killall command in Linux is used to terminate or send a signal to multiple processes based on their names. It allows you to kill or signal all processes that match a specific name or pattern, making it a convenient way to terminate multiple processes at once.
The basic syntax of the
killall command is:
killall [options] process_name
Here are some commonly used options with the
--interactive: This option prompts for confirmation before killing each process.
--quiet: This option suppresses the error messages if no processes are found.
--signal signal: This option specifies the signal to send to the processes. The default signal is
Now, let’s look at a practical example to illustrate the usage of the
In this example, the
killall command is used to terminate all processes with the name “firefox”. It sends the
SIGTERM signal by default, which gracefully terminates the processes.
You can also specify a signal explicitly using the
-s option. For instance, to send the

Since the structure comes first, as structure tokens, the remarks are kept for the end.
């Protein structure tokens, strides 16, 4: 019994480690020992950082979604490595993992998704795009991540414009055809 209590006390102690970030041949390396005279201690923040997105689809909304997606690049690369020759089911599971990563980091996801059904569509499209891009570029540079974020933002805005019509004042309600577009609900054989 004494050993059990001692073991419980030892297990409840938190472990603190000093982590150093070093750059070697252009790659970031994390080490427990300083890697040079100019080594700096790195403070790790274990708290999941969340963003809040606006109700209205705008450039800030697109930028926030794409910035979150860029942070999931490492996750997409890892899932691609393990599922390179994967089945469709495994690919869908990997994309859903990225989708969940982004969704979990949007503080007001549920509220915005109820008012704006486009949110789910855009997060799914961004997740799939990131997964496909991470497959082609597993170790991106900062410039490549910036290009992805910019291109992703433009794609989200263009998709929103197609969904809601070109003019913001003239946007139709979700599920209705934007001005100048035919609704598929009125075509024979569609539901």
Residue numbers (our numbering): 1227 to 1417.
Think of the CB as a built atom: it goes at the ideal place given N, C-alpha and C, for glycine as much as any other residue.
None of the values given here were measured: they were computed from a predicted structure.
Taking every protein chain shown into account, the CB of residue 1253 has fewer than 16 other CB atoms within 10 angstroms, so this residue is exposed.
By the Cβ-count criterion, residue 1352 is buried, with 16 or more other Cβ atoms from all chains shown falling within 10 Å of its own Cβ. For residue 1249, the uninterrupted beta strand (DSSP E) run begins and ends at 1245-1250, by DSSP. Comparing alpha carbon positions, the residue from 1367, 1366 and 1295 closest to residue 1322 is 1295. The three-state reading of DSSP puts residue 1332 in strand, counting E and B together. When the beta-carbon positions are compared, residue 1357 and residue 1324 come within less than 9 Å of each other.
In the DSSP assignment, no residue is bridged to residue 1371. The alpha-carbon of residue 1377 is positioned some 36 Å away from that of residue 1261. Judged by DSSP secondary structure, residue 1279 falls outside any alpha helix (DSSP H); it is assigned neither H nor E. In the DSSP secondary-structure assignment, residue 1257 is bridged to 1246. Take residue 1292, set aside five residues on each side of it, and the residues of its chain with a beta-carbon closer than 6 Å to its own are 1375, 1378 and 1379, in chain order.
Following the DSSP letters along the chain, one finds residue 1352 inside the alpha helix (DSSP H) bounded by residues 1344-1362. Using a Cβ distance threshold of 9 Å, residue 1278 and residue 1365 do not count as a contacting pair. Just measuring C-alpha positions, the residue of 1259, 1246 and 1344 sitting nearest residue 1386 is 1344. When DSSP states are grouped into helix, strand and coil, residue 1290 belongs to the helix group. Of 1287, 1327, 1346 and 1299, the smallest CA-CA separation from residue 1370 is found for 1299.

SIGKILL signal (forceful termination) to all processes named “firefox”, you can use:
killall -s SIGKILL firefox
It’s important to note that the
killall command can be powerful, and it terminates processes without asking for confirmation by default. So, exercise caution when using it to avoid unintentional termination of critical processes.
Additionally, some Linux distributions also provide the
pkill command, which is similar to
killall but allows you to match processes based on more criteria, such as the user who owns the process or the process’s command line.
For more information and available options, you can refer to the manual page of
killall by typing
man killall in your terminal.